Company earnings in the 2015-16 reporting season were roughly in line with expectations, but large caps were very "disappointing", says USB Asset Management.
Expectations for the 2016-17 financial year have been downgraded by 1.7 per cent over the course of the recent reporting season, despite 2015-16 results meeting expectations, said UBS.
The downgrade was driven by a lack of earnings growth in the larger stocks, said UBS in a new report.
“The 'very large cap' universe, the top 20 or so stocks by size, is still struggling for earnings growth and on average produced somewhat disappointing results this reporting season,” the report said.
Small caps were also discouraging, though not as bad as their large counterparts, UBS found, while the best results were delivered by mid-cap companies, between 25 and 100 by size.
UBS also noted the Australian market has eased recently, following a solid rally throughout July, bringing the ASX200 price to 5469 basis points.
“Multiples still look demanding in an absolute sense, particularly in industrials ex financials, but the relative appeal of equities against very low interest rates can't be ignored," UBS said.
“Aggregate earnings trends look set to improve in 2016-17 after a weak aggregate 2015-16 due to a revival in commodity prices, though typical stock-specific earnings trends are steadier."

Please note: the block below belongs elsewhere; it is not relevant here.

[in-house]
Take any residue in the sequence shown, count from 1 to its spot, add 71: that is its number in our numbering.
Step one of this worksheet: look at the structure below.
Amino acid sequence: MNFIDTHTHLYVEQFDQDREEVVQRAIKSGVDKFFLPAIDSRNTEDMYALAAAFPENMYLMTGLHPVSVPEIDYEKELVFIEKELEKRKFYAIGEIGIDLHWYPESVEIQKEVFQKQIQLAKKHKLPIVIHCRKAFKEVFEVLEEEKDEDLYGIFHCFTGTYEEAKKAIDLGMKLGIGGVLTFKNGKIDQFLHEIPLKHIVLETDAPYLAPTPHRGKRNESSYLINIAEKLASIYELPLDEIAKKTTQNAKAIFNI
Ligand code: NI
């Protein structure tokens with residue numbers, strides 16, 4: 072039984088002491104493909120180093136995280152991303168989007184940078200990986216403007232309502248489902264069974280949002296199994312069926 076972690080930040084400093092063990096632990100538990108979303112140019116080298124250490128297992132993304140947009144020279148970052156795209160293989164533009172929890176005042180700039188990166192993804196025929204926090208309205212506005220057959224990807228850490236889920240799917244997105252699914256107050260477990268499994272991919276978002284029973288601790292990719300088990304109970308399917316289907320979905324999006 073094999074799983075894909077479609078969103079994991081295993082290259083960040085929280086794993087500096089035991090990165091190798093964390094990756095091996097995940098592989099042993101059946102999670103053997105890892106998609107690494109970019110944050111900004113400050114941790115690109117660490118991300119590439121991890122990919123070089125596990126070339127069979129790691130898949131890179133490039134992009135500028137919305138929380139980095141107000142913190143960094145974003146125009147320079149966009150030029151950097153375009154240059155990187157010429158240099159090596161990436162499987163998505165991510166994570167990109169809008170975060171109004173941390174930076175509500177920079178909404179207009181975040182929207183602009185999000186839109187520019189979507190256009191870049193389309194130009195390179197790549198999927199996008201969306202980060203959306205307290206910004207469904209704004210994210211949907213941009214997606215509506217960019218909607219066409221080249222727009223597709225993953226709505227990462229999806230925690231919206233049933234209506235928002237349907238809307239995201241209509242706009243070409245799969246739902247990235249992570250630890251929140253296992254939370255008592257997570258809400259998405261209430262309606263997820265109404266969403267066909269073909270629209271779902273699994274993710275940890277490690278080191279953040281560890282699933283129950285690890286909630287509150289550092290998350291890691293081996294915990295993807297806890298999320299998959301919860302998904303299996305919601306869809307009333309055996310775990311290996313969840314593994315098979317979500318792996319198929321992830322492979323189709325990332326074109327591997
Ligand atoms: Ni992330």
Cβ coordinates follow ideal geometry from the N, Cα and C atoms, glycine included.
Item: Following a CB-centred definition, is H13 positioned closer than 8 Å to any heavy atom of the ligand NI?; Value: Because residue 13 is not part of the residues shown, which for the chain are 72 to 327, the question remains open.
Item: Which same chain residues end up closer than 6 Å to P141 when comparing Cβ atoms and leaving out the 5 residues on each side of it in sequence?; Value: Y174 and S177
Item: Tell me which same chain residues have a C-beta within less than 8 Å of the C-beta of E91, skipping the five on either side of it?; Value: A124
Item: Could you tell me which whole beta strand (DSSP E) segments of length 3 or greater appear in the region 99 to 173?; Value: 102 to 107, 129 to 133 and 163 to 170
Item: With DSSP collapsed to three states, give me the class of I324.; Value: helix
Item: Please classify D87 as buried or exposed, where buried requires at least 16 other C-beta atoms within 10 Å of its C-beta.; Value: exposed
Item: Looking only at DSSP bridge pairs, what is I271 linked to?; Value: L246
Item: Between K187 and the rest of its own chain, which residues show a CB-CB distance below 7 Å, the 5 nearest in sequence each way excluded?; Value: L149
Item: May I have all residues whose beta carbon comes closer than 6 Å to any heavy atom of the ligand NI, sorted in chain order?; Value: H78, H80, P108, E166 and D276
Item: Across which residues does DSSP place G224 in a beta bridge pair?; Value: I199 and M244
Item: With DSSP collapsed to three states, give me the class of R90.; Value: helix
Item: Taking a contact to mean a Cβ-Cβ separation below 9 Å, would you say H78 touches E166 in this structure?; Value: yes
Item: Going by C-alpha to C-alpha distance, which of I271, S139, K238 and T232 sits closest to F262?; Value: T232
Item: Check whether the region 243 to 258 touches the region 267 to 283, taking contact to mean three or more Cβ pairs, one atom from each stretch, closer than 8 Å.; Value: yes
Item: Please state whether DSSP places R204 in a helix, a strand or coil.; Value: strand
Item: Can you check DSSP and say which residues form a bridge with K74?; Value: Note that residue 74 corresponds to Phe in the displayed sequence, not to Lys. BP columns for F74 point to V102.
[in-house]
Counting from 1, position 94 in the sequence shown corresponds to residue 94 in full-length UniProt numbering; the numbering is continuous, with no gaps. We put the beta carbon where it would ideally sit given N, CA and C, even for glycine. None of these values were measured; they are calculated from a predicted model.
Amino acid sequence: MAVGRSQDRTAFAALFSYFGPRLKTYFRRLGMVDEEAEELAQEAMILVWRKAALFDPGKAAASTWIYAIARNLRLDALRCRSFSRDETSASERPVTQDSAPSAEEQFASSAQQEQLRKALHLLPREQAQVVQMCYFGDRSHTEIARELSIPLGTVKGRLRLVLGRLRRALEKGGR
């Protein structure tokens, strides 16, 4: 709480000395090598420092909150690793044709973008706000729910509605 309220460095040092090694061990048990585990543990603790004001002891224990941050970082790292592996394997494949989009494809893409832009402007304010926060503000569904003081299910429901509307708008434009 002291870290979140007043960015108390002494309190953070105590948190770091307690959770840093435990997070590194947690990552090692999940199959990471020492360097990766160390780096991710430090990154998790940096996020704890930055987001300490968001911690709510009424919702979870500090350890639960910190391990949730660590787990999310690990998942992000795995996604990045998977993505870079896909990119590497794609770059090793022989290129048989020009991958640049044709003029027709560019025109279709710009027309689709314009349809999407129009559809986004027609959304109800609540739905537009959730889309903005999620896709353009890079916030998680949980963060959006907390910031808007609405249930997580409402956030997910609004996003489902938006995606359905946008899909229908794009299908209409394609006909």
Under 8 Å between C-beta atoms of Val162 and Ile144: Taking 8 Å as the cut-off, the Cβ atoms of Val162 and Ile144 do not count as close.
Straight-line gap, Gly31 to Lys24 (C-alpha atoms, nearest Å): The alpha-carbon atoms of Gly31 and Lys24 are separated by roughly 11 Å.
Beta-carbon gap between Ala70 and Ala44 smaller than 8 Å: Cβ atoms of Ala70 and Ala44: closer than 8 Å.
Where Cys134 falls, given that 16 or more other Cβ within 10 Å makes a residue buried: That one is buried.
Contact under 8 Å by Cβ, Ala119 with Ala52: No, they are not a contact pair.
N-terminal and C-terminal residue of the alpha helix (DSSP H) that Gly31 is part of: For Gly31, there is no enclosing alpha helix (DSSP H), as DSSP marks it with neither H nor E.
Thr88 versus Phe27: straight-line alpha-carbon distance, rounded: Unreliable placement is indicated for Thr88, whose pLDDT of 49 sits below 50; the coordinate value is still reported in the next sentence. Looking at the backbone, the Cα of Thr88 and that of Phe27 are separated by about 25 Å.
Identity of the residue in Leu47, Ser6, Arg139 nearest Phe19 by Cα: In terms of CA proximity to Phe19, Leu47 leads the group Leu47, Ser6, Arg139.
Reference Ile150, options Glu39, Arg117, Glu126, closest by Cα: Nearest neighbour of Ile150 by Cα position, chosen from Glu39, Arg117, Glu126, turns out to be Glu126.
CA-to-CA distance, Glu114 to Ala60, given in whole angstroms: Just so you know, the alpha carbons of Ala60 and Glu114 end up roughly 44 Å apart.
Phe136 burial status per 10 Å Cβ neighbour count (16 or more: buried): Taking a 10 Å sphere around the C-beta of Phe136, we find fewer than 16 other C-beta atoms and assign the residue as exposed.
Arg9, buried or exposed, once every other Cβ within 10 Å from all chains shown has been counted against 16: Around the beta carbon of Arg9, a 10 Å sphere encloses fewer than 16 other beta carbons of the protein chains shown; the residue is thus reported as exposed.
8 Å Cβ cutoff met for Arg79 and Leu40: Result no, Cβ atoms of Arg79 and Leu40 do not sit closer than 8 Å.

The Australian dollar could be a headwind to foreign currency users if its current “revival” continues, the firm added.
UBS cautioned that single digit total returns are to be expected in 2016-17, as indicated by the high absolute multiples currently seen in the market, though low rates and moderate earnings growth make estimating market performance difficult, UBS said.
Troubled wealth giant AMP has admitted it faces a long hard road to recovery. With an increasingly vigilant regulator, conduct remains its g...
The chief executive officer of Woman’s World Banking has said that including women in the financial industry may be the silver bullet in s...
Volatility in global politics, increasing input costs and rising funding prices are causing one of the largest drops in wealth managerial co...